Monday 13 December 2010

Rule VIII House of Representatives

This rule deals with the procedures to be followed when a subpoena is served on a Member, Delegate, Resident Commissioner, Officer or Employee of the House - relating to the official functions of the House or for the production or disclosure of any document relating to the official functions of the House

A subpoena is a "a writ requiring appearance in court to give testimony". It derives from the Latin phrase "under penalty", signifying that it is not merely an invitation to which one might or might not RSVP!

The Speaker is to be nofied in writing "promptly" - who will notify the House.

House Practice states -

The service of judicial process on a Member, Delegate, Resident Commissioner, officer, or employee of the House has long been perceived as a matter relating to the integrity of House proceedings and as constituting a basis for raising a question of the privileges of the House. 7 Cannon § 2164; Deschler Ch 11 §§ 14.1–14.10. Rule VIII governs the procedure for House response to a judicial or administrative subpoena served on a Member, Delegate, Resident Commissioner, officer, or employee of the House. Manual § 697; § 9, infra.

The privileges of the House are invoked whether the recipient was served with a summons as a defendant or a subpoena as a witness and whether service of process was issued by a State or Federal court. Deschler Ch 11 § 14. For example, the privileges of the House have been held to apply to service of process as follows:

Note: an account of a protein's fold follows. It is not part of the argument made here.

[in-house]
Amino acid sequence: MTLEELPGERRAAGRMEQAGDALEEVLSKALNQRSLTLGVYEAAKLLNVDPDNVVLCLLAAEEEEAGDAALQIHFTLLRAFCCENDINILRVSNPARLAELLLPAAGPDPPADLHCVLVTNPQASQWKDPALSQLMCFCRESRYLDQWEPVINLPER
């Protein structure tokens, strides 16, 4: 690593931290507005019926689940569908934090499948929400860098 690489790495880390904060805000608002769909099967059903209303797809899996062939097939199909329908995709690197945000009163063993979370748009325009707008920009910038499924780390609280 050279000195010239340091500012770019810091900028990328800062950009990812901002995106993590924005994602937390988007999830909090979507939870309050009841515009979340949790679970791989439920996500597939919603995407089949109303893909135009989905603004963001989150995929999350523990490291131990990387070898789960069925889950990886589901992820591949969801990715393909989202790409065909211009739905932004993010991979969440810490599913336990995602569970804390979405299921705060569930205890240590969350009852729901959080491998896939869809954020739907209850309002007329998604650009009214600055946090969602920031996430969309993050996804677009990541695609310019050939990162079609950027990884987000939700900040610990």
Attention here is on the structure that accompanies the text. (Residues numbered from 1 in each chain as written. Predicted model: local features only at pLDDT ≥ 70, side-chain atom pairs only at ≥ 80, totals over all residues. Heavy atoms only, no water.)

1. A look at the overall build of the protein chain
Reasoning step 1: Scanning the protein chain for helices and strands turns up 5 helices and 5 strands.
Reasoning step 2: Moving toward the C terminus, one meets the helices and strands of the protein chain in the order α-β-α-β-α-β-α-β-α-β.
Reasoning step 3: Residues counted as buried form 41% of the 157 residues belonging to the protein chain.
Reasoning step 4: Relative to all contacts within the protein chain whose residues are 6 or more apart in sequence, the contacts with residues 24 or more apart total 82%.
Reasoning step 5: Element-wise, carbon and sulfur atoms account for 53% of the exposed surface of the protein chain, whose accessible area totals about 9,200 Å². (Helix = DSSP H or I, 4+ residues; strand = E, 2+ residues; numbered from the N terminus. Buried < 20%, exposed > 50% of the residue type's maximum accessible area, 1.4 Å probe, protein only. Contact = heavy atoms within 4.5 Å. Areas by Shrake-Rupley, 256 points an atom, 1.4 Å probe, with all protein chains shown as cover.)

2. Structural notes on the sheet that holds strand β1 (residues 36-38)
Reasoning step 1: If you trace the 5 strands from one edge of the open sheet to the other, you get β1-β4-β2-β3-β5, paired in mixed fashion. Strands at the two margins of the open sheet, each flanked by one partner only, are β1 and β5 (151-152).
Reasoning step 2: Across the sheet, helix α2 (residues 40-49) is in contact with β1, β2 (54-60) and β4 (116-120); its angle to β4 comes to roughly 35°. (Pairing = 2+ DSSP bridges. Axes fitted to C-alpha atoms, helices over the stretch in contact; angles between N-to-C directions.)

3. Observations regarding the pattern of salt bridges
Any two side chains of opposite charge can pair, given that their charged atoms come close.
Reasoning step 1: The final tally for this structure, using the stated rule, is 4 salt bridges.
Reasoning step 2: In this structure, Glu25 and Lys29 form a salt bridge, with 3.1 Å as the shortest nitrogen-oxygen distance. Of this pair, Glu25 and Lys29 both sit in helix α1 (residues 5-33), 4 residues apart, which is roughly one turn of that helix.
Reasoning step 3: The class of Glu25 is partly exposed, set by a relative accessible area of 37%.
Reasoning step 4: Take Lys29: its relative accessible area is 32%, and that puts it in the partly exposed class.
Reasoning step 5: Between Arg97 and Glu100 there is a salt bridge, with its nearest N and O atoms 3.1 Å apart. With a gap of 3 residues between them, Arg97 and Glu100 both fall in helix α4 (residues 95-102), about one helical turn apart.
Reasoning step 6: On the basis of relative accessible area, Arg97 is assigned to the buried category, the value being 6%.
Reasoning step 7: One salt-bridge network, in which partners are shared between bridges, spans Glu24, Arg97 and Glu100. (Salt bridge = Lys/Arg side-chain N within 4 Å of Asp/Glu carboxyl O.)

• Civil actions, criminal proceedings, or courts martial. Deschler Ch 11§§ 16.7, 16.9, 16.12, 16.17.
  • Grand jury proceedings. Deschler Ch 11 § 15.
  • Orders to appear and show cause for the failure to comply with a prior subpoena. Deschler Ch 11 § 14.9.
  • Orders to appear for depositions or to answer interrogatories. Deschler Ch 11 §§ 14.10, 16.18.
  • Preliminary proceedings in criminal cases. Deschler Ch 11 § 14.5.
  • Administrative proceedings before Federal agencies. Manual § 697.
Under rule VIII clause 6(b), minutes or transcripts of executive sessions, or evidence received during such sessions, may not be disclosed or copied in response to a subpoena. A subpoena duces tecum [ subpoena for production of evidence] requesting production of executive session records of a committee from a prior Congress may be laid before the House pending a determination as to its propriety. 97–1, Apr. 28, 1981, p 7603.

Service of Process on Officers or Employees

Examples of service of process on officers include those on the Speaker, the Clerk, and the Sergeant-at-Arms. Deschler Ch 11 §§ 16.2–16.4, 16.7–16.9, 16.11. Examples of service of process on employees include those on current and former employees of a committee, an employee of the House Republican Conference, and a former employee of a former House select committee who was subpoenaed to give a deposition about his recollection of certain executive session transactions. 93–2, Sept. 30, 1974, p 33020; 94–1, Sept. 23, 1975, p 29824; 97–1, Jan. 22, 1981, pp 694, 695.

§ 9. Procedure in Complying with Process under Rule VIII

Rule VIII provides general authority to a Member, Delegate, Resident Commissioner, officer, and employee of the House to comply with a judicial or administrative subpoena or judicial order directing appearance as a witness, or the disclosure of documents, relating to the official functions of the House. Such compliance must be consistent with the rights and privileges of the House. Accordingly, the Speaker is promptly notified upon service of a subpoena or judicial order, and the Speaker lays the notification before the House. Rule VIII does not require the text of the subpoena to be printed in the Congressional Record. Manual § 697.